What Steel Should I Use?

There are many different kinds of steel, each of which have their own advantages and disadvantages. The main categories used (at least in knife work) are mild steel, high carbon steel, and stainless steel. Mild steel is used for decoration and testing ideas. High carbon steel is used for blades, and stainless steel is used for weather resistant items.

• • •

Tool Spotlight – Temper Oven

Tempering is taking a hardened metal and reducing the brittleness while increasing flexibility. When balanced correctly, it changes the metal from incredibly hard and brittle to fairly hard and not-going-to-shatter-when-you-accidentally-drop-it. It is important that the metal stays hard or the edge would dull incredibly quickly. This is why we do the hardening and quenching step. But if we did not temper it the knife would shatter if we dropped or chopped with the knife. This brittleness is the same reason that although obsidian is sharper than almost every hand-made blade, it cannot be used as a knife. It is brittle enough to come off in layers or shatter when used to cut anything other than soft materials like leather.

• • •

Tool Spotlight – Belt Sander

Remember in the Angle Grinder Tool Spotlight when I said that it was the most versatile and most used tool for a new knife maker? Well the belt sander (also called a belt grinder) gives it a run for its money. In this article, I will be comparing the two quite often. While it can’t cut fine lines or move around easily, the belt sander is versatile in ways the angle grinder is not. It can work with several different materials, has many different kinds of grinding, and is easier to control than the angle grinder.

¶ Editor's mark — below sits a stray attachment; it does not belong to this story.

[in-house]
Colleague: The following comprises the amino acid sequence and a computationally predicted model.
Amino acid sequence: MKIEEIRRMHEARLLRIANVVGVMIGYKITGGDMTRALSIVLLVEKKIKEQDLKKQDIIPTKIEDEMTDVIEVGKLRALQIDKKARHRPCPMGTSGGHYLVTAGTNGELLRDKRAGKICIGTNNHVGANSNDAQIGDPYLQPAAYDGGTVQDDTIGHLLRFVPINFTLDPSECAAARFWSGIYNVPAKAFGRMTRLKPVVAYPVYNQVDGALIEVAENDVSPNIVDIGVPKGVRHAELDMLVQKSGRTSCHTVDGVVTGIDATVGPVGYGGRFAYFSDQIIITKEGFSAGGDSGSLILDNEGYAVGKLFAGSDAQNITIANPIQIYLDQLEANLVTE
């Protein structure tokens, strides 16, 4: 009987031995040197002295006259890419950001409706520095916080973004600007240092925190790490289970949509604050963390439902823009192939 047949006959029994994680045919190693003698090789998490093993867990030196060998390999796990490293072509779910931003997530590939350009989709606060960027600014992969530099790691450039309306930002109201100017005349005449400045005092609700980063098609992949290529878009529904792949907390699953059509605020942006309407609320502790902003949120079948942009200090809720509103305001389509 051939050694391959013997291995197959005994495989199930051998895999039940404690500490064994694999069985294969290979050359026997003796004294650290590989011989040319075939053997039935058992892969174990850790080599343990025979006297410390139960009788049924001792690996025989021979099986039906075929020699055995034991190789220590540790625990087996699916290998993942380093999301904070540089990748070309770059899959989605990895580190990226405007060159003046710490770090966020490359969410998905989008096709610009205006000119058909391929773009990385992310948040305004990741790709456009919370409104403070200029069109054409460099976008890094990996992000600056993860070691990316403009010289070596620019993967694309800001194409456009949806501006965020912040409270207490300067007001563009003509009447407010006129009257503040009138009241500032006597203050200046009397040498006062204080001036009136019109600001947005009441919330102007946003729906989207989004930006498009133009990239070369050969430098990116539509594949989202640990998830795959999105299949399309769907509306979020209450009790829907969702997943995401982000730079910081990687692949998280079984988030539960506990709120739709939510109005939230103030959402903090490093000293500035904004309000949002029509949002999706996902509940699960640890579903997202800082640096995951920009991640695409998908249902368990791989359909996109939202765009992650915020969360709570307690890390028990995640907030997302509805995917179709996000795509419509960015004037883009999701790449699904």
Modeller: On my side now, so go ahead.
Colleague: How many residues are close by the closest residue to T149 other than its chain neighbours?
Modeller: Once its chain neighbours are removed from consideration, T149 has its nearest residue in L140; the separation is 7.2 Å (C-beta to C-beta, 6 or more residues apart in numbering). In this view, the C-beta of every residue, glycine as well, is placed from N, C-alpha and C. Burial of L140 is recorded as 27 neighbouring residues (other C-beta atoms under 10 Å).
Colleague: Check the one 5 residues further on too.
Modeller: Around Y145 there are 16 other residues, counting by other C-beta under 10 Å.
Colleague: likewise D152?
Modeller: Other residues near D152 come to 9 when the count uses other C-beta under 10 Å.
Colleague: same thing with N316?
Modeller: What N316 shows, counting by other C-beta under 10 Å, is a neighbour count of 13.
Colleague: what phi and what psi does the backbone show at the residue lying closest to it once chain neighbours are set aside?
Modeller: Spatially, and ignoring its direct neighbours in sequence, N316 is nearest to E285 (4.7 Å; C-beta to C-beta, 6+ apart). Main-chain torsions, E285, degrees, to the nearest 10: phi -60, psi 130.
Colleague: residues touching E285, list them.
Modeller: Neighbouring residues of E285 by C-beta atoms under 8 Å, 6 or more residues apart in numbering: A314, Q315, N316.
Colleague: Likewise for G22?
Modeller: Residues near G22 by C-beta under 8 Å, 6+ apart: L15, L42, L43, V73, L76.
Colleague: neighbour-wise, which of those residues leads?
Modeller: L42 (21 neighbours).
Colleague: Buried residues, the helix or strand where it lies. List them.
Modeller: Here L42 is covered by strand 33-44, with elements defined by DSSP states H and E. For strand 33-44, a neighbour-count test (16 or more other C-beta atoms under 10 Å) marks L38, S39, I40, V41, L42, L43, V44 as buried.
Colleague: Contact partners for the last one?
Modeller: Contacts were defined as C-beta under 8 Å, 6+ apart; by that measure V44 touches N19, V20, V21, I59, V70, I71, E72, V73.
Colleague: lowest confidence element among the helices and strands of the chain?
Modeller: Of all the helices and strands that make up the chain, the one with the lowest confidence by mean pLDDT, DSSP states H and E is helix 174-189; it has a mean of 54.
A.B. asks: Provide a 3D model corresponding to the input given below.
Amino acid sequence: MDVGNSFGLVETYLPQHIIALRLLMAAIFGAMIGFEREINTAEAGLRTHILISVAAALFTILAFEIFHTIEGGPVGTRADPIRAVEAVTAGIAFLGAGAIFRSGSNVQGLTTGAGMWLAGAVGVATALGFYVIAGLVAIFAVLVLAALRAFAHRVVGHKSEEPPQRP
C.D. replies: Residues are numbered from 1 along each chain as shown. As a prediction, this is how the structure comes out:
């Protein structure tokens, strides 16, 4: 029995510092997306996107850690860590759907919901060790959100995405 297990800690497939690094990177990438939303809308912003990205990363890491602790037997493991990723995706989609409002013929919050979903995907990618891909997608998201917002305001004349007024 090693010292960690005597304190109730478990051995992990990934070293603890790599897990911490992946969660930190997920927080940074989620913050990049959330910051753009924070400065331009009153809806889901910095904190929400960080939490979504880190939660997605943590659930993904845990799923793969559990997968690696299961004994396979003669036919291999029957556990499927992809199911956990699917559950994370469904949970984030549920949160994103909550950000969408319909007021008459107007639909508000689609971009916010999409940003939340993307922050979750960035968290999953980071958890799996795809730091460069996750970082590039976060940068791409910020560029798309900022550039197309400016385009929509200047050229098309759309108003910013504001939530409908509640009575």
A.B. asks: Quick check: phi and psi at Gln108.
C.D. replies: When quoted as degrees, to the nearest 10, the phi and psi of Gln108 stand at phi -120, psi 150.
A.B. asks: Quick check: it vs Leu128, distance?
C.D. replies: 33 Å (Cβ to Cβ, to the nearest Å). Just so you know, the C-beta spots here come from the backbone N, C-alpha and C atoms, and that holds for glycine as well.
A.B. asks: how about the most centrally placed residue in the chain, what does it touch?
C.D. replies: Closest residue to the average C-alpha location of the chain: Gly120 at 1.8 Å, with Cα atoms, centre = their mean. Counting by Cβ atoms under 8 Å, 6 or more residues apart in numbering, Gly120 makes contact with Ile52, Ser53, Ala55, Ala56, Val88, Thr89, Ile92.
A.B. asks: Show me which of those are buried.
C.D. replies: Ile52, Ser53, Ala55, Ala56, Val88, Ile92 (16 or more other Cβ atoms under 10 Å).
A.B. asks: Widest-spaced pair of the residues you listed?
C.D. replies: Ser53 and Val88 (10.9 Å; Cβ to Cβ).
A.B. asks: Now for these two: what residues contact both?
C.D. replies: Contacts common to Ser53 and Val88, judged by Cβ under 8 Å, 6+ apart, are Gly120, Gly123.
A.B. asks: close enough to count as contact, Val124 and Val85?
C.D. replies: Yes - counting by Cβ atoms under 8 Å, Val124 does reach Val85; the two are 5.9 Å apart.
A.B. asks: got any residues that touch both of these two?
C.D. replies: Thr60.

• • •

Tool Spotlight – Bandsaw

A bandsaw is one of the luxuries that can make a knife makers job easier. To be clear, you can make good quality knives and in a normal amount of time just fine without a bandsaw, but having one does a few things for you.

• • •

Tool Spotlight – Angle Grinder

The angle grinder is the most versatile tool in your arsenal. It cuts, it grinds, it sands. It does everything except heat treat and temper your knife. Honestly, if you are on a super tight budget, an angle grinder and some bricks can suffice for all of $100. The reason that this tool is so versatile is because of the different attachments you can put on it. There are different discs for most things that you need to do in the knife making process. These include cutting discs, grinding discs, sanding discs, and buffing discs. I use a 4.5-inch grinder, as I find it to be the most useful for the majority of situations. Though you could get away with a 9-inch grinder, I feel as though most of the time it would not benefit you much more and would rather just make your arms very tired from holding it up while you cut or grind.

• • •